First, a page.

Instead of cramming, students should try breaking down study time into reasonable time increments. Such as, studying for 30-50 minutes with 5-10 minute breaks in between. This idea is a much more efficient way of retaining information according to the Pomodoro Technique.

Don’t Be Afraid

Don’t be afraid to ask for help. Not asking for help or asking questions in class may be one of the top reasons students find themselves stressed when it’s time to review material for their exams. Realizing that your teachers don’t expect you to remember everything from third quarter to now may be the best way to look at things. So, when they have those review sessions don’t be shy, just ask. Get involved and engage yourself. This will not only leave a good impression of yourself on the teacher but will definitely decrease the amount of material you’ll need to study.

Do Eat Health

Keep your workspace organized to reduce stress. Eat a healthy breakfast and remember to put yourself first. Finals will eventually come to an end. Try to stay focused and take care of yourself.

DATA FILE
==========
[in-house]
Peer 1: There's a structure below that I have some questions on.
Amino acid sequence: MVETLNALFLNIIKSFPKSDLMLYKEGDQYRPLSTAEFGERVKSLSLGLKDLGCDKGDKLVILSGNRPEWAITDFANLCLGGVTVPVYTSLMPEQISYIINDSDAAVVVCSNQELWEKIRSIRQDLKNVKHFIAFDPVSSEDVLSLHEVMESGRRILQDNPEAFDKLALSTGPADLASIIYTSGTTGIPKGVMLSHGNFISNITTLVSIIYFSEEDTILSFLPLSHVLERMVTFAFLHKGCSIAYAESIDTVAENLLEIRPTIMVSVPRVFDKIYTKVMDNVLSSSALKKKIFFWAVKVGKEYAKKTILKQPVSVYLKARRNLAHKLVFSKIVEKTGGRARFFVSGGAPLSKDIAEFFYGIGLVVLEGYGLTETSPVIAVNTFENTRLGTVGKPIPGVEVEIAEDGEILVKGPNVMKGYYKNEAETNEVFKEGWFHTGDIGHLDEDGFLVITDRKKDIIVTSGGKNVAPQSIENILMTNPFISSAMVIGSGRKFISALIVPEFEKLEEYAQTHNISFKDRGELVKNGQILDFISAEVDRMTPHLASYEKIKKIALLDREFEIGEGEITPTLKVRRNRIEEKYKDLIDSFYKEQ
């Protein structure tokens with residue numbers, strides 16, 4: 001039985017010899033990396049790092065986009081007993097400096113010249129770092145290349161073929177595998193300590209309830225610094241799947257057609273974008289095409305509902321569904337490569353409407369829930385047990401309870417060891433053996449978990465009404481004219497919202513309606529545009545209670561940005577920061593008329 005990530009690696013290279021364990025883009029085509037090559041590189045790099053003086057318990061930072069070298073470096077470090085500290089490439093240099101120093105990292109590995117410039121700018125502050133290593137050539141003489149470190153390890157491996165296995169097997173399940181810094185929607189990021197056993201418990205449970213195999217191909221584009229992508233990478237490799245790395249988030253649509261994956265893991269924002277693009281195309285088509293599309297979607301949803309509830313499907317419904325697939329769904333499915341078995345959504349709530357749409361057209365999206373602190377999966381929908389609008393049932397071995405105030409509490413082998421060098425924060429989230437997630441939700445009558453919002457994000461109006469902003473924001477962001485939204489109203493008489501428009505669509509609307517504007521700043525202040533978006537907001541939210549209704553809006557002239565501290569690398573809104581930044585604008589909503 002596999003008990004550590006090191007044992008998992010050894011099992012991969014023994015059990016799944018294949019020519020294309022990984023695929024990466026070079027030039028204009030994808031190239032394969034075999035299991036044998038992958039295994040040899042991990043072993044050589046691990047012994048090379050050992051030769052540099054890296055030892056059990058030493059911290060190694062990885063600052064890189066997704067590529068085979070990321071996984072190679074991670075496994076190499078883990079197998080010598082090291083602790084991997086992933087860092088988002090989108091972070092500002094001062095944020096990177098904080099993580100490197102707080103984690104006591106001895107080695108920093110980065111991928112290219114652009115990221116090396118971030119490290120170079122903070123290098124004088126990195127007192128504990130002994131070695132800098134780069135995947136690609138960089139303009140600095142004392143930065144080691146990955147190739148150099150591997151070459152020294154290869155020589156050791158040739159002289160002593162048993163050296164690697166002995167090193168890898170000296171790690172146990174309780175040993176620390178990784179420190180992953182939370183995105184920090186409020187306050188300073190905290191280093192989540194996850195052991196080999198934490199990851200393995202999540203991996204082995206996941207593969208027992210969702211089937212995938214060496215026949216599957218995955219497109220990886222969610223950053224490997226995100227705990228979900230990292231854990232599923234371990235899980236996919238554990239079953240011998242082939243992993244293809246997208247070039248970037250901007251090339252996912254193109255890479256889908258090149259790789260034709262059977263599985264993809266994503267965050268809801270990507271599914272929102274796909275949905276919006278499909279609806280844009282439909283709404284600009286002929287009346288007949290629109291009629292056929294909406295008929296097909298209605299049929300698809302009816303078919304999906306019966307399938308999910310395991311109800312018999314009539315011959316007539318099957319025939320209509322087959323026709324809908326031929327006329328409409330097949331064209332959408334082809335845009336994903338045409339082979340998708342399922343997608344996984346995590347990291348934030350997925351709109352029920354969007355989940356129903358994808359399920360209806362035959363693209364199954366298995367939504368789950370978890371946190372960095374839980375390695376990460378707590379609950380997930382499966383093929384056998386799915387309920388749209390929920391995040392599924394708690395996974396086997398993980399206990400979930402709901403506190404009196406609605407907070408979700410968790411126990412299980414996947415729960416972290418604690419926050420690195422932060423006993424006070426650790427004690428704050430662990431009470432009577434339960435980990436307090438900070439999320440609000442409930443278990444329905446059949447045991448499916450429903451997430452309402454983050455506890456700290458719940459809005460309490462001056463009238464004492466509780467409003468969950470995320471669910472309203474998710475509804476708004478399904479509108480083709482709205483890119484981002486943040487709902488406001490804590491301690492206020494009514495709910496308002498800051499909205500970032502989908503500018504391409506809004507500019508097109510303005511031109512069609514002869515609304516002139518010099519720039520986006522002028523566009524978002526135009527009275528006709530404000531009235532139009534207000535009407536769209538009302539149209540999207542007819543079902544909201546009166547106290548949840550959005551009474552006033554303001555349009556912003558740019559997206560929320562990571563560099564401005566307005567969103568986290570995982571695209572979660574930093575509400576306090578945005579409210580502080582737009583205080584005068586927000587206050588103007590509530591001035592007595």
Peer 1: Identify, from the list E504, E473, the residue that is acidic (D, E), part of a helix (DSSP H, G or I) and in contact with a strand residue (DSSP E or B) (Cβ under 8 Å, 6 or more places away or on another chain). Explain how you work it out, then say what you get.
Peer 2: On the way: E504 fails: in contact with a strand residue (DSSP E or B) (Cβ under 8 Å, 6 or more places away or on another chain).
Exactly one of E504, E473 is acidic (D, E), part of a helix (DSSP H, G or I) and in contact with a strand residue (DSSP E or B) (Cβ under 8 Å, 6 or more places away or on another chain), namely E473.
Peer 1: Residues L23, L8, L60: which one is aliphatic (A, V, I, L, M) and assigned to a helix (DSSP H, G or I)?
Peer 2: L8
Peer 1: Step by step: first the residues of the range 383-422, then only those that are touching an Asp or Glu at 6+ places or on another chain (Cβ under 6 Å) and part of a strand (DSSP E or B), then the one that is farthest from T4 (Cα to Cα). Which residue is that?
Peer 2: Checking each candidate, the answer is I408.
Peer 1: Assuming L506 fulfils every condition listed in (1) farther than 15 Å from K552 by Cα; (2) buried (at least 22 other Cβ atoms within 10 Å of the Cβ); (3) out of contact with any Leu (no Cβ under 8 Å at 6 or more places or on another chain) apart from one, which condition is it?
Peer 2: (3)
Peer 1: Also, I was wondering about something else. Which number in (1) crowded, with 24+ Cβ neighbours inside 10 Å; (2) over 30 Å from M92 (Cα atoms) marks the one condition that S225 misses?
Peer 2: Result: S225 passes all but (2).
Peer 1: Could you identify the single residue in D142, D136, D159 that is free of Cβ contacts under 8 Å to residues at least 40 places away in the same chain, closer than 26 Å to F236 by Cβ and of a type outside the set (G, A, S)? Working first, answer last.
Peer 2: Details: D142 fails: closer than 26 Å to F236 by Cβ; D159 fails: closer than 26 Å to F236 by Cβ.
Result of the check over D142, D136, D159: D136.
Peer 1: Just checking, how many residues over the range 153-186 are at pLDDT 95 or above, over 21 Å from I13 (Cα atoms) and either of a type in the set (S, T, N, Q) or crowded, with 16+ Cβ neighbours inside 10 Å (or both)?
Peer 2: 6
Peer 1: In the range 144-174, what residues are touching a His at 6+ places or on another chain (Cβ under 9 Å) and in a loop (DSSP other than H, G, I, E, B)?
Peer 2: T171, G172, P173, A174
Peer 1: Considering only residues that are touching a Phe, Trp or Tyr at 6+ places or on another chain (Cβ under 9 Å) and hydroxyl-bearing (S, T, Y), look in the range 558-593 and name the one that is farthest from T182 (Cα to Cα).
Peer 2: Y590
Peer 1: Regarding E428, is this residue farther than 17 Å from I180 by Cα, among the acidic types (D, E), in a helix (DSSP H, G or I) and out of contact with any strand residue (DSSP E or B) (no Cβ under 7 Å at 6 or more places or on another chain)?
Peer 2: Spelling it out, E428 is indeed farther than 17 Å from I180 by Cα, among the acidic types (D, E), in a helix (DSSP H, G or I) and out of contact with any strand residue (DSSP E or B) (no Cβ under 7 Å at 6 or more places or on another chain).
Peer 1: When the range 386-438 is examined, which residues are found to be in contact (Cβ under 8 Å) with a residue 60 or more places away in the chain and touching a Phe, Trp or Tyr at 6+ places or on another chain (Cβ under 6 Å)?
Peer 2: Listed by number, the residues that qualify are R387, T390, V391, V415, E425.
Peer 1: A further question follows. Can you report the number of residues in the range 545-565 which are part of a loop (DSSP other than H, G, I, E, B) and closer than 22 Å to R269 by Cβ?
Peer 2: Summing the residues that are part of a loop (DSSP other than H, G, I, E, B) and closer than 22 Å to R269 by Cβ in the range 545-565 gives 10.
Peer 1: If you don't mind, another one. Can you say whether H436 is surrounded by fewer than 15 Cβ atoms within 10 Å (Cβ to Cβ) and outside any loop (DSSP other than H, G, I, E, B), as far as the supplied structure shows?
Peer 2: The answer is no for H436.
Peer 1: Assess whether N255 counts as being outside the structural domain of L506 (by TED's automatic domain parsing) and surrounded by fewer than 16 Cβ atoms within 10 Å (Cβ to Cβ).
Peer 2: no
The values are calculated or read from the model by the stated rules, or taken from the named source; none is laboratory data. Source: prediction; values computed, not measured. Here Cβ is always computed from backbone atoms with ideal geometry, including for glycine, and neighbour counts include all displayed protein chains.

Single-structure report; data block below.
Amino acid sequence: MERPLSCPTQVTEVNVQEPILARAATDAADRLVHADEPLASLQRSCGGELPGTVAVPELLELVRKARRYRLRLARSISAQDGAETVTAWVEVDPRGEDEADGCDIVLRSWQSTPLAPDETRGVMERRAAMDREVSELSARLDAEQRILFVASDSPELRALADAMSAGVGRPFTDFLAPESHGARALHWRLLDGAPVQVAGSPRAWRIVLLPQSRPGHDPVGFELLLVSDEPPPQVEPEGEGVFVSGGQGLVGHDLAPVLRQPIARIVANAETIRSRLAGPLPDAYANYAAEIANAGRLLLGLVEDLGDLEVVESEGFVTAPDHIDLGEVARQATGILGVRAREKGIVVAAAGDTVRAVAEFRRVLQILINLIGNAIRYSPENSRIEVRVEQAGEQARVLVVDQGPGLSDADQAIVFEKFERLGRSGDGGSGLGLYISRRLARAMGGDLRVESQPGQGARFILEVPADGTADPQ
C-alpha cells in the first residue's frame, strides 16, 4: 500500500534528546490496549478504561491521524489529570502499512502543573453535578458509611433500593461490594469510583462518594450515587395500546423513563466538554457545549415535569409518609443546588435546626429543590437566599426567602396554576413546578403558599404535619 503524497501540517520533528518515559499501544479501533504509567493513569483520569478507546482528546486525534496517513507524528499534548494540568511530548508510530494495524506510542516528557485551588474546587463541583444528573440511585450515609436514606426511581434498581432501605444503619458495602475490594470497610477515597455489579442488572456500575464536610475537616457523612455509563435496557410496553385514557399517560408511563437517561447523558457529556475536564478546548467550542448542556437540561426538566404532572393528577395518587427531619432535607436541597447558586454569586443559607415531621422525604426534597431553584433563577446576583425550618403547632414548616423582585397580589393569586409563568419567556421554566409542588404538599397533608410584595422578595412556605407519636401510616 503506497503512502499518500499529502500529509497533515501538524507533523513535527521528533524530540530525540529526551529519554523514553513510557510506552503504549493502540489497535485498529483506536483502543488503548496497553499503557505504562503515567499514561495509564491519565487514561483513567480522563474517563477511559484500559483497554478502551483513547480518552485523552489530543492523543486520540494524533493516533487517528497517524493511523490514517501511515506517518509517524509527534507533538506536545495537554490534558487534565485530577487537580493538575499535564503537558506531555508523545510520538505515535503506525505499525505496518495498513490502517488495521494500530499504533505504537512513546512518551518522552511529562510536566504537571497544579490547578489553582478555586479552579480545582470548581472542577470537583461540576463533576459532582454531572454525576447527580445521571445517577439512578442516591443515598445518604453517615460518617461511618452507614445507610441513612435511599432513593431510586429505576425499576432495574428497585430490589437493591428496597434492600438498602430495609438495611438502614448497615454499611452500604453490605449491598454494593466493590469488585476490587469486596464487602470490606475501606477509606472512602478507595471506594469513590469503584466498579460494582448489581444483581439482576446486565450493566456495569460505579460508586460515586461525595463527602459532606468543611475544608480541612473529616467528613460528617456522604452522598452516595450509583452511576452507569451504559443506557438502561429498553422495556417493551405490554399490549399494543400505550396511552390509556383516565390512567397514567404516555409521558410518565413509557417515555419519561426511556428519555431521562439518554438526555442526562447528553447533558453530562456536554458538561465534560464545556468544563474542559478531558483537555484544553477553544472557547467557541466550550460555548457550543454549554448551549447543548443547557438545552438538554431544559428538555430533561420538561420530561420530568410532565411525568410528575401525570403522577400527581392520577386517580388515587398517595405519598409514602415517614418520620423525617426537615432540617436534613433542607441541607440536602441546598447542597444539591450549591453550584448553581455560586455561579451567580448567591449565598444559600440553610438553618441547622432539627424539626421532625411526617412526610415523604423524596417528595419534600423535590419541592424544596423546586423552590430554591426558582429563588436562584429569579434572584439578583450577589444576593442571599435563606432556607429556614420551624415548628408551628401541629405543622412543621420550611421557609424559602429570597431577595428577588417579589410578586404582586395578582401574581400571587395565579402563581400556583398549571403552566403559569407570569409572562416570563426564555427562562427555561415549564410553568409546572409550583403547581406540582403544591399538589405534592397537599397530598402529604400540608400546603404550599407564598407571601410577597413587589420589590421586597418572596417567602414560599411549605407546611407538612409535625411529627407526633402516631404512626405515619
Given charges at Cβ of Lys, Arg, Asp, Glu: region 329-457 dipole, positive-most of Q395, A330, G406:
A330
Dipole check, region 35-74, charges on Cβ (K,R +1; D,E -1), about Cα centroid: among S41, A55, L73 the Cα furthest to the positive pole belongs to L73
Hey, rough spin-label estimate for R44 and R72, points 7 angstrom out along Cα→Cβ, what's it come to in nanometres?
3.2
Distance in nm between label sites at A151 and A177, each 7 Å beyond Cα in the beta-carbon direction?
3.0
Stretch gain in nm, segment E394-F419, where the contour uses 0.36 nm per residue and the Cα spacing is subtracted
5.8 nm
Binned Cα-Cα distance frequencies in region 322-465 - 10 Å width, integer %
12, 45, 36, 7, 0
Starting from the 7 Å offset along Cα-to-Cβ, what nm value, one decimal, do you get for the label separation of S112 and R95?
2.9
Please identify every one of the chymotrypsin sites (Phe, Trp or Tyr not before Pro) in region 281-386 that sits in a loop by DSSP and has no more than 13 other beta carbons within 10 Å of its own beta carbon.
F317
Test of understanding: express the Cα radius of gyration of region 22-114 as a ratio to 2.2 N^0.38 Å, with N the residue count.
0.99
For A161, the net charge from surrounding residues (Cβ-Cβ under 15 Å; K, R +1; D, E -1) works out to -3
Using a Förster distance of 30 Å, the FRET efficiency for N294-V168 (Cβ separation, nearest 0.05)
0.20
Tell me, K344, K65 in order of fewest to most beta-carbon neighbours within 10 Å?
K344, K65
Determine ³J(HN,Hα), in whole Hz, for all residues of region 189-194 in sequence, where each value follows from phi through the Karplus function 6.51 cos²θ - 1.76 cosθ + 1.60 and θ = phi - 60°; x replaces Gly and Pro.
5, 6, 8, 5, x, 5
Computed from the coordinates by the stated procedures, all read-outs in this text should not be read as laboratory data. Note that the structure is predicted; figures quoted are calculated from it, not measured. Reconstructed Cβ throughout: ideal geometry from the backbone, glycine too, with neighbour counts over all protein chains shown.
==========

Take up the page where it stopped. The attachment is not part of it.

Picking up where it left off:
For more breaking news and photos, follow The Wingspan on Instagram and Twitter @CHSWingspan.

In it for the Long Hall

Words: Meghan Moore

Think back to the first day of high school; the feeling of chaos, not enough sleep the night before, and the terror of not being able to find your next class. Now, imagine that feeling, but not as a student, but as a substitute teacher. This year, Centennial opened its doors to a handful of long-term substitutes that may not have been here since the beginning, but certainly made their mark on Centennial.

Kelly Tieperman, a long-term substitute Government teacher found himself at Centennial after winter break, replacing James Zehe, who was promoted to Assistant Principal.

While Thomas Wheeler, who splits his teaching day between Glenelg and Centennial teaching English, was hired by Centennial while doing another long-term job at Owings Mills High School in Baltimore County.

“I had no idea, I was coming from Baltimore County which is a completely different atmosphere, I was coming in blind,” commented Wheeler on his expectations for the new job.

However, Tieperman was not as new to the Centennial way of life.

“I grew up here, I’ve worked at summer school in Howard County, and I substituted at Centennial for a couple weeks last year, so I pretty much knew what to expect,” added Tieperman.

Like students don’t know what to expect their first day, teachers are just as wary as what the school year may turn into.

“Coming in my first day was terrifying. I realized I had two twelfth grade classes, and I’m only 22 years old, so having kids that haven’t worked necessarily as other students throughout the year and having a new teacher come in, I thought it might be hard to get respect,” Wheeler recalled.